Monday 19 August 2013

Masterskill in timing the IPO & Goldman Sachs

MasterSkill Education Group Bhd announced its half yearly numbers today, they were even worse than the year before, the revenue has collapsed and the loss has more then doubled:

The results so far have been:

Year   Revenue   PAT
2008    203M     72M
2009    273M     97M
2010    316M    102M  <=== IPO
2011    250M     38M
2012    149M    -28M

And 2013 will most likely be much worse than 2012.

The company was listed on Bursa Malaysia in 2010, exactly at the highest point of its revenue and its profit. Timed to perfection, with true masterskill, something that is (unfortunately) not unusual for companies listed in Malaysia.

The reader should also be reminded that companies actually raise money during an IPO, in other words, profits should be clearly higher after an IPO compared to before an IPO.

Not surprisingly given these bad results, shareholders who subscribed to the IPO at RM 3.80 have not had much reason to cheer, the share is down a whopping 87%:

What is surprising though, is that one executive director (most likely Edmund Santhara) continued to receive generous bonuses, despite the bad results and the poor share price performance.

In 2010:

In 2011:

In 2012:

As written before in this blog, a whopping RM 33.5 Million was paid out in professional fees, miscellaneous expenses, placement fee and selling commission for the listing exercise.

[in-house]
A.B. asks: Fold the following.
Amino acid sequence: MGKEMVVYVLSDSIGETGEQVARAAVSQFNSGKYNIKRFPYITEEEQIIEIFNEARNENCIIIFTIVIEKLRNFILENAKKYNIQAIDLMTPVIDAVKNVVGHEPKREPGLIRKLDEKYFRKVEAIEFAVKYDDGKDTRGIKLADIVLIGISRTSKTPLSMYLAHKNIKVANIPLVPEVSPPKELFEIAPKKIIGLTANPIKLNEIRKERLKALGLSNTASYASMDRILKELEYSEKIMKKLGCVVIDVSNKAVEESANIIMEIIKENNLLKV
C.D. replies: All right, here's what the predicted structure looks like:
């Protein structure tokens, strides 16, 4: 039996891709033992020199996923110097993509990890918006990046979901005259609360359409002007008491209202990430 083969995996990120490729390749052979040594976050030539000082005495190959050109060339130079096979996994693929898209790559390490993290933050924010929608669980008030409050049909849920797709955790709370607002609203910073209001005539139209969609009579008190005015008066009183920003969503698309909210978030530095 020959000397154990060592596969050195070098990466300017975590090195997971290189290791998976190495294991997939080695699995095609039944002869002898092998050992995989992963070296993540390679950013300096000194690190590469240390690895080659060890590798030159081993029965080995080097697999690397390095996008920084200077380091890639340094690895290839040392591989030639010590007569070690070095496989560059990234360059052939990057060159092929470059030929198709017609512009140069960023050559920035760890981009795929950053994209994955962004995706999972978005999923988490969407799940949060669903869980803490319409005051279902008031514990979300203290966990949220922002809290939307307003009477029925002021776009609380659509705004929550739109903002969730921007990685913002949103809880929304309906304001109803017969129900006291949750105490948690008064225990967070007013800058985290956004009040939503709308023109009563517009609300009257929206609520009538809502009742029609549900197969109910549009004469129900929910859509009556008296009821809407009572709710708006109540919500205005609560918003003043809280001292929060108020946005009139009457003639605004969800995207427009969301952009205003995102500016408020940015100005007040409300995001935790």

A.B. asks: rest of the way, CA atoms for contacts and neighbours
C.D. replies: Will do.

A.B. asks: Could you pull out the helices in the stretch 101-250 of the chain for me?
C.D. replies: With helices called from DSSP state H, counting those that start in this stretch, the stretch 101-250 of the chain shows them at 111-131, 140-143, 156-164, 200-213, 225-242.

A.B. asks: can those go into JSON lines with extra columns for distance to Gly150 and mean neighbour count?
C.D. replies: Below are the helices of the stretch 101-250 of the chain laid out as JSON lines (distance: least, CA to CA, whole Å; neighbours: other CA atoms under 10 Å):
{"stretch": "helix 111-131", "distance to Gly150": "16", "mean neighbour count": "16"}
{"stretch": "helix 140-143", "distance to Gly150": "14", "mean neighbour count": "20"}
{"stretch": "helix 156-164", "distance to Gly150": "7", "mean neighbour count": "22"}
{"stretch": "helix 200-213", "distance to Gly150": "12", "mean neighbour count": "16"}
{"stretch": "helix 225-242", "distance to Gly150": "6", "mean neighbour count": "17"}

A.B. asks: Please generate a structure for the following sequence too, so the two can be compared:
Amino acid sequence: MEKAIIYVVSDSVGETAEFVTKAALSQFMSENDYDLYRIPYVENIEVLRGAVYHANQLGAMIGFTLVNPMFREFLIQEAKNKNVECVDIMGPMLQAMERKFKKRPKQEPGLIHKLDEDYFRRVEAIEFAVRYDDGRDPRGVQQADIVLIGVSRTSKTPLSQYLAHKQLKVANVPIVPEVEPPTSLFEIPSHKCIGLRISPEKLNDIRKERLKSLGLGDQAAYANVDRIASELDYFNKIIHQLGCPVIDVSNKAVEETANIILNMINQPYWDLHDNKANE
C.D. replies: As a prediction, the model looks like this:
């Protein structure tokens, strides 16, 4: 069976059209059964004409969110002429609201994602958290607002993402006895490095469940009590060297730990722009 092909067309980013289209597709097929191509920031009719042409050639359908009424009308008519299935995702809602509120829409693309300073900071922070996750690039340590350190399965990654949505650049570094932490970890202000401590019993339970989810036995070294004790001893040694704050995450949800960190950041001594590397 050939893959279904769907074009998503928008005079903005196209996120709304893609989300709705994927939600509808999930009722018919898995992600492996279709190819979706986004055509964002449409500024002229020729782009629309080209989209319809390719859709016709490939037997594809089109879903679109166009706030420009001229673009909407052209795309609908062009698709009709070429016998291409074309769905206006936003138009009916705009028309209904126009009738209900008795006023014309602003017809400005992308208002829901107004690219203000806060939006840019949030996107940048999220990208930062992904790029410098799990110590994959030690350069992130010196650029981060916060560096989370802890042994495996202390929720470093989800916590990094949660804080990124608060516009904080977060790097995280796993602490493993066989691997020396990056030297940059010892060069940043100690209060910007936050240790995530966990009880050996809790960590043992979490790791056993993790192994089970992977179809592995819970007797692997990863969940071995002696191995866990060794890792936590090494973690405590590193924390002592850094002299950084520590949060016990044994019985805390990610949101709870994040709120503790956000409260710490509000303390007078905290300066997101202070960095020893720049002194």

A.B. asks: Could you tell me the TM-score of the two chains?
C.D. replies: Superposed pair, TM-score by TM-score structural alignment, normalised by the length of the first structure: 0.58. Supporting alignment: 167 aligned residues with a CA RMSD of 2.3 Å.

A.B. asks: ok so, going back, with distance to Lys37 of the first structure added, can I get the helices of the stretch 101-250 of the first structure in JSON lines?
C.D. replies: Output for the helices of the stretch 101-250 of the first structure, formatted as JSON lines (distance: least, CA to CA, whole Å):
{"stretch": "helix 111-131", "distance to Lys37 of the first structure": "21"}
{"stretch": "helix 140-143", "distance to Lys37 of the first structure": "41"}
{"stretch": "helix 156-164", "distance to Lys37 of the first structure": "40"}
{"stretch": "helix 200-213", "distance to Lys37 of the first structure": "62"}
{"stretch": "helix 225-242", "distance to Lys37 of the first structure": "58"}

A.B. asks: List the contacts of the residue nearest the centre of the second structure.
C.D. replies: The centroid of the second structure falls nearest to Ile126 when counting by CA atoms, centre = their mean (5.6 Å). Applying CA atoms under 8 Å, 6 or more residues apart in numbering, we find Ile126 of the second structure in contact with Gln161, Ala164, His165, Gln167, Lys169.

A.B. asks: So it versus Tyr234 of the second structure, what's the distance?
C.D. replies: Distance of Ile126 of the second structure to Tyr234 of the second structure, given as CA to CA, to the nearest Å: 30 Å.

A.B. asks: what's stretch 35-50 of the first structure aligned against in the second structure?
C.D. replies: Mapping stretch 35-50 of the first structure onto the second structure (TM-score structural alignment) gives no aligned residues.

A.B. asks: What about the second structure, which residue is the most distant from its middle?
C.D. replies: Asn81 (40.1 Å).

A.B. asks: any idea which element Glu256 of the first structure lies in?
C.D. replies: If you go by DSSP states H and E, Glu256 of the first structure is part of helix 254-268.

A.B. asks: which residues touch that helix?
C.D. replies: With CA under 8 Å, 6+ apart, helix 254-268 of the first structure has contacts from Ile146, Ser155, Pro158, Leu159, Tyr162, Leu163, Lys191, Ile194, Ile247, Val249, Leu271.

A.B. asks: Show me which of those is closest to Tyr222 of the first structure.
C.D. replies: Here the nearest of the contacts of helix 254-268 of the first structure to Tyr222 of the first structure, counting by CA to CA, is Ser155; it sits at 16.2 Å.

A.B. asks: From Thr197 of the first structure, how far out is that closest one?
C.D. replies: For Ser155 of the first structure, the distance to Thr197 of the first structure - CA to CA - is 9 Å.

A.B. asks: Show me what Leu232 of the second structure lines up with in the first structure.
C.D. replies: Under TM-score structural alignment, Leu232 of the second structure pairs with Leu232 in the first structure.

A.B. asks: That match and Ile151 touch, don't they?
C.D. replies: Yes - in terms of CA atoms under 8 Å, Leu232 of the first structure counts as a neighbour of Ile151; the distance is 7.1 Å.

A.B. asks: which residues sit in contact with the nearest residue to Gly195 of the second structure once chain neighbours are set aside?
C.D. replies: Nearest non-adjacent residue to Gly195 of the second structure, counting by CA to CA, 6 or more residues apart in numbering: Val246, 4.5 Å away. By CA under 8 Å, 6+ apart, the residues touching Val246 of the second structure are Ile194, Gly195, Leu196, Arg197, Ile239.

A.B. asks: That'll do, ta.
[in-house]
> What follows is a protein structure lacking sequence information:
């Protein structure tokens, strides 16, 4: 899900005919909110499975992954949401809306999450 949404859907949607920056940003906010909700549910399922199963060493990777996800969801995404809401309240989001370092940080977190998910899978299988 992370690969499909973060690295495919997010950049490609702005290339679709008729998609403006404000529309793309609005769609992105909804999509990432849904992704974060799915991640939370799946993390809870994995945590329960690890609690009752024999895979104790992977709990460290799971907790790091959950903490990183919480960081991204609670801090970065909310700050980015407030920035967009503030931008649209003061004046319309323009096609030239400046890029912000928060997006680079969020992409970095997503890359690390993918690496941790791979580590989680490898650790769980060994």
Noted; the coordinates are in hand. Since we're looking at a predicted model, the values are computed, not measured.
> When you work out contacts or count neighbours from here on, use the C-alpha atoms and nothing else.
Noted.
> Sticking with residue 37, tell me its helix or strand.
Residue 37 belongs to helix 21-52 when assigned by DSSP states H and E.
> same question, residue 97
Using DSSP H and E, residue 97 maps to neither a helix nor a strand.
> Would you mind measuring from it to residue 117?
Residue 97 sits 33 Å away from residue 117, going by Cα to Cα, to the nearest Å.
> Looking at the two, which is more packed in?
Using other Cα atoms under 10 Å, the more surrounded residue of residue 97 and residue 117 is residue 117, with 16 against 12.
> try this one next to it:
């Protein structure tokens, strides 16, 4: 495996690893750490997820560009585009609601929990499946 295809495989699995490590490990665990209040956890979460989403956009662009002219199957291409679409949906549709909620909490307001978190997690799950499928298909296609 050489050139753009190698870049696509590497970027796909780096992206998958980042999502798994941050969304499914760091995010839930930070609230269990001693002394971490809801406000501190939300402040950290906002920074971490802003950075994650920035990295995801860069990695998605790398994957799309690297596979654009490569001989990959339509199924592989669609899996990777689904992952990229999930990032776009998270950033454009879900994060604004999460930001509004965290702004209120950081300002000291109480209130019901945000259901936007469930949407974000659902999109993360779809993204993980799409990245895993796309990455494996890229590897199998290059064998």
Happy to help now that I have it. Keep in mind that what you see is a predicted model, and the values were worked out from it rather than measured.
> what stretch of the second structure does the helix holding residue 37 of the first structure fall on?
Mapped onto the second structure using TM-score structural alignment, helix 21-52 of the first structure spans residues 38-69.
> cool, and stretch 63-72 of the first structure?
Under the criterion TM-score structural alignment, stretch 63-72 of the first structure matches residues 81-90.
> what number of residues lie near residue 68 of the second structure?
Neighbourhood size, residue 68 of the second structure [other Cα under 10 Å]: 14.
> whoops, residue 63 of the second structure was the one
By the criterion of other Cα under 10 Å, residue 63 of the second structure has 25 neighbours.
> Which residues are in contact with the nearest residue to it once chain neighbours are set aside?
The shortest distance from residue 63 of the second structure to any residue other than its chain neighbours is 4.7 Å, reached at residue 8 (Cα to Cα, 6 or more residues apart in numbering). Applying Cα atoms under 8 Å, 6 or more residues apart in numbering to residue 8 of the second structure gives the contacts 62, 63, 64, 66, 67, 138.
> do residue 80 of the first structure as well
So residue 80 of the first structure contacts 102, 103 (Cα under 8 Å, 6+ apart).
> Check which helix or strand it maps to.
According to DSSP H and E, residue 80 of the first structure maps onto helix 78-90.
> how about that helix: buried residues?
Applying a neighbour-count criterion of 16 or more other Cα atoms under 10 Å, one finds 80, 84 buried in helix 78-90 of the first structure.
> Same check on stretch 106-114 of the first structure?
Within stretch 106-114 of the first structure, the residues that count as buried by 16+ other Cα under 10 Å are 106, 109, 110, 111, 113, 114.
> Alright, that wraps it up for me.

Goldman Sachs was one of the book runners for the IPO (together with CIMB).

According to this story in The Star:

Goldman Sachs Global Investment Research, in notes to clients yesterday, said Masterskill’s “fundamentals are intact with progress made on the university campus.”

“In our view, the negativity around the stock is unwarranted, as we see minimal likelihood of cessation of operations at Cheras or of any substantial financial penalty due to ongoing litigations.”

But also:

According to the shareholder list, sellers of Masterskill stock were mainly nominee accounts held under JPMorgan, Morgan Stanley and Goldman Sachs.

In other words: Goldman Sachs itself greatly benefitted from the IPO, it recommended certain clients to buy (or at least not sell), while others (possibly other clients of theirs) were actively selling at the same time.

For Goldman Sachs, that's all in a day's work. For those readers that might be surprised at these kind of ethics, I strongly recommend to read the following blog post from Jeff Matthews:

"Goldman 8, Public Zero…The Teachable Moment of Bare Escentuals"

 ...the acquisition of Bare Escentuals, a publically-traded cosmetics company (ticker BARE) based right here in San Francisco, by Shiseido, a large Japanese counterpart, for $18.20 a share in cold, hard, US dollars.

Now, as far as deals go, this really shouldn’t be an attention grabber, but stay with us while we get to the “teachable moment.”

The winners in the deal are, of course, existing Bare Escentuals shareholders, who happen to include the company founder, a private equity firm, and the many institutions and individuals who bothered buying the stock on their own free will.